He reminded the other dinner guests what they say about teachers: "Those who can, do. Those who can't, teach." To stress his point he said to another guest; "You're a teacher, Bonnie. Be honest. What do you make?"

Bonnie, who had a reputation for honesty and frankness replied, "You want to know what I make?" (She paused for a second, then began...)

"Well, I make kids work harder than they ever thought they could. I make a C+ feel like a Medal of Honour. I make kids sit through 40 minutes of class time when their parents can't make them sit for 5 without an I Pod, Game Cube or movie rental. You want to know what I make?" (She paused again and looked at each and every person at the table.)

''I make kids wonder. I make them ask questions. I make them apologize and mean it. I make them have respect and take responsibility for their actions. I teach them to write and then I make them write. Keyboarding isn't everything. I make them read, read, read. I make them show all their work in math. They use their God given brain, not the man-made calculator.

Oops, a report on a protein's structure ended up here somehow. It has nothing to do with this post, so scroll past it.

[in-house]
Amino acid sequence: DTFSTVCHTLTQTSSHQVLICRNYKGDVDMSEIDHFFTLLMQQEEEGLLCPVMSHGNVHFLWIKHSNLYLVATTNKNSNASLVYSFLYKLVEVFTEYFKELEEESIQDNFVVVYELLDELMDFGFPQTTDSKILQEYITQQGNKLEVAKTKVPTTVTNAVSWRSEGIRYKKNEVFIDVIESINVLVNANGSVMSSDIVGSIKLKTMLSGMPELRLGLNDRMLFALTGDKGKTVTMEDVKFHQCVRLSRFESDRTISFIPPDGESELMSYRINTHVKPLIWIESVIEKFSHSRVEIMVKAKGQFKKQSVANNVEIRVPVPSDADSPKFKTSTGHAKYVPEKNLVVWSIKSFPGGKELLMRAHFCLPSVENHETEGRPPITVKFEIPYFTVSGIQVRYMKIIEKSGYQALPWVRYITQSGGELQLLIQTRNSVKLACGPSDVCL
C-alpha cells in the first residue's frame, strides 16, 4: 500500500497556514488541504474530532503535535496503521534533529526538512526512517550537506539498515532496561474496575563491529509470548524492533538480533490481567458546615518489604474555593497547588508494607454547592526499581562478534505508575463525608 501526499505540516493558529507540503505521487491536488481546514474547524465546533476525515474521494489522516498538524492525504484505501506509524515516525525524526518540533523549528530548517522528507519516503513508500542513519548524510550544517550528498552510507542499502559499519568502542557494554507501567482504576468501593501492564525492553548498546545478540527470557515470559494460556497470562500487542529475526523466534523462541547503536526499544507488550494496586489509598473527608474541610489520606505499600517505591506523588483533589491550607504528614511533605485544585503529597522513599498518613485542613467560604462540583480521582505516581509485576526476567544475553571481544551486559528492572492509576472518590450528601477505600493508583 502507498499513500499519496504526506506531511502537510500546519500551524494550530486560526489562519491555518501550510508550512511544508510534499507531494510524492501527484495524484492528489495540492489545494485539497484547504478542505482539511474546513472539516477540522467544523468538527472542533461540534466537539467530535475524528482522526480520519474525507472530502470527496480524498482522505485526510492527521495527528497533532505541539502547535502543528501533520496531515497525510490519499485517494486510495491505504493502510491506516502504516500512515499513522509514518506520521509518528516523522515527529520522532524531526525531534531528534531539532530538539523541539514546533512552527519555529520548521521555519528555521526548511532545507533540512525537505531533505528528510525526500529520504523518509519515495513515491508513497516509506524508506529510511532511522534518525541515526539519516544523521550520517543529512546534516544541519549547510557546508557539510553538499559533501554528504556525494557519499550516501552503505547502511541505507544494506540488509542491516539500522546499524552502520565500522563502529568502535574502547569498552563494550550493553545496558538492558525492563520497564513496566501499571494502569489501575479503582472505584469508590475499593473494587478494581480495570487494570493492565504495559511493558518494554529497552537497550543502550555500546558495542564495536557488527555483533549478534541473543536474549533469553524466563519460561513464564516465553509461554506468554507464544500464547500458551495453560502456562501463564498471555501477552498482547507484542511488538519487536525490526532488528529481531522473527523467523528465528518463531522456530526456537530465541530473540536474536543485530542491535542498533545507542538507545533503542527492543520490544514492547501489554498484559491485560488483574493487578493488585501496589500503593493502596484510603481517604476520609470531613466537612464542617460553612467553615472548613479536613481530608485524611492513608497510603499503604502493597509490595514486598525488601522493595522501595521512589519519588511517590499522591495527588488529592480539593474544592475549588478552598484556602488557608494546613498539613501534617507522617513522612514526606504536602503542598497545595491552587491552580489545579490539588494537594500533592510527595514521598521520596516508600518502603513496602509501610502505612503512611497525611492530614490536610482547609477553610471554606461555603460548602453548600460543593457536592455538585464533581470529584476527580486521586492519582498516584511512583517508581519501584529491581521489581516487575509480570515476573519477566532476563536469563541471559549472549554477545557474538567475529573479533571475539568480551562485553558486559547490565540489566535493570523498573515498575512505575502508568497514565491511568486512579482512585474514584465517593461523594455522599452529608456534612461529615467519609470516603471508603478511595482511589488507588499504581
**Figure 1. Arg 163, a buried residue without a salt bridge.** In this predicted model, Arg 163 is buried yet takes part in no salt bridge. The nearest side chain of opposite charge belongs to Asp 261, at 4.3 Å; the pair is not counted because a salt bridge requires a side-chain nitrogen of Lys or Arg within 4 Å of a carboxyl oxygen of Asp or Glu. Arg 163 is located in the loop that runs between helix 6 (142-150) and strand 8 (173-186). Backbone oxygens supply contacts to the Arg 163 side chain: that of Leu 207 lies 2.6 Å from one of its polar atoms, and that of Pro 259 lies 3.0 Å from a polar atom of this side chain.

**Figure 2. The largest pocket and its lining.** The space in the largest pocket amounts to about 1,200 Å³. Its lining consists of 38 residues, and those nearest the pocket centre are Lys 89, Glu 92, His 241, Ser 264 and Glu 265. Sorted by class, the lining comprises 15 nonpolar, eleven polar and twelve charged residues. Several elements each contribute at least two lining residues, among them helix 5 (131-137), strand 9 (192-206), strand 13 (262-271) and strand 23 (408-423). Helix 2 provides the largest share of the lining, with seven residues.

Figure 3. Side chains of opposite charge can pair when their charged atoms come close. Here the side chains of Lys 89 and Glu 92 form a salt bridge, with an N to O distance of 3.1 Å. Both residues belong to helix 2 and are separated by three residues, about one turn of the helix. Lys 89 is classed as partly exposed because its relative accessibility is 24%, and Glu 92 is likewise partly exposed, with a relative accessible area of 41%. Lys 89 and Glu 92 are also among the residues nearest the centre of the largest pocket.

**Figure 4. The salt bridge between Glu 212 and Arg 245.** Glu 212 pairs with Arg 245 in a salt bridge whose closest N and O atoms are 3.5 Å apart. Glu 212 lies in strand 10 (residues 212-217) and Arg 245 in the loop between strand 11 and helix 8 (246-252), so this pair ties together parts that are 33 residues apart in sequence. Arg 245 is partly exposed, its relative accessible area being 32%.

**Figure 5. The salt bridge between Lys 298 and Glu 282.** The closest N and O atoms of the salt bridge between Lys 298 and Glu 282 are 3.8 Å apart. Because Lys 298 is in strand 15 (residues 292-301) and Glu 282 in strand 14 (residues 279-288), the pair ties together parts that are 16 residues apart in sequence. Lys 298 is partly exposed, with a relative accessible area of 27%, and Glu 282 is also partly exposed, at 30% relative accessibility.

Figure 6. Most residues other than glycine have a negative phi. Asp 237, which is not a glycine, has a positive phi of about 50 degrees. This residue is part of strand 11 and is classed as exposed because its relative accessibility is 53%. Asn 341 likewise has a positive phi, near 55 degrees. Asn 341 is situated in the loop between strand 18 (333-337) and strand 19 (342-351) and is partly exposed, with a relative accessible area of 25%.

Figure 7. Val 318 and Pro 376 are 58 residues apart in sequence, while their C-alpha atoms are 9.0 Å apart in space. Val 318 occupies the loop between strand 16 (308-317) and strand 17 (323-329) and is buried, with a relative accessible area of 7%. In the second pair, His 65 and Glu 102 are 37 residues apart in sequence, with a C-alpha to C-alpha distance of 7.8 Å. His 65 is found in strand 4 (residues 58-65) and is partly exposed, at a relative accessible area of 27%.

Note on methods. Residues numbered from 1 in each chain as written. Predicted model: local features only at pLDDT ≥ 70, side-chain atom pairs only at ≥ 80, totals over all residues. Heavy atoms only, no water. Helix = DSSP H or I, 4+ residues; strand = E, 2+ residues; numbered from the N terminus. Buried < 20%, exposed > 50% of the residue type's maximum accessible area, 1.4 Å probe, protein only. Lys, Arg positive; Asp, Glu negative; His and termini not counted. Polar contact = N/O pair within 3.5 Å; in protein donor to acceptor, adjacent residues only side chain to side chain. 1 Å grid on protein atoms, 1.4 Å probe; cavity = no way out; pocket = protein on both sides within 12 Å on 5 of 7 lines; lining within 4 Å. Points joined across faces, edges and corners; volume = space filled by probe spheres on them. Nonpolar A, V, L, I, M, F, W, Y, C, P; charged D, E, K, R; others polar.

I make my students from other countries learn everything they need to know in English while preserving their unique cultural identity. I make my classroom a place where all my students feel safe.

I make my students stand and sing O Canada every morning, because we live in this great country called Canada. Finally, I make them understand that if they use the gifts they were given, work hard, and follow their hearts, they can succeed in life."
(Bonnie paused one last time and then continued.)

"Then, when people try to judge me by what I make, with me knowing money isn't everything, I can hold my head up high and pay no attention because they are ignorant... You want to know what I make? I MAKE A DIFFERENCE. What do you make Mr. CEO?"

Forgiving what I can't understand...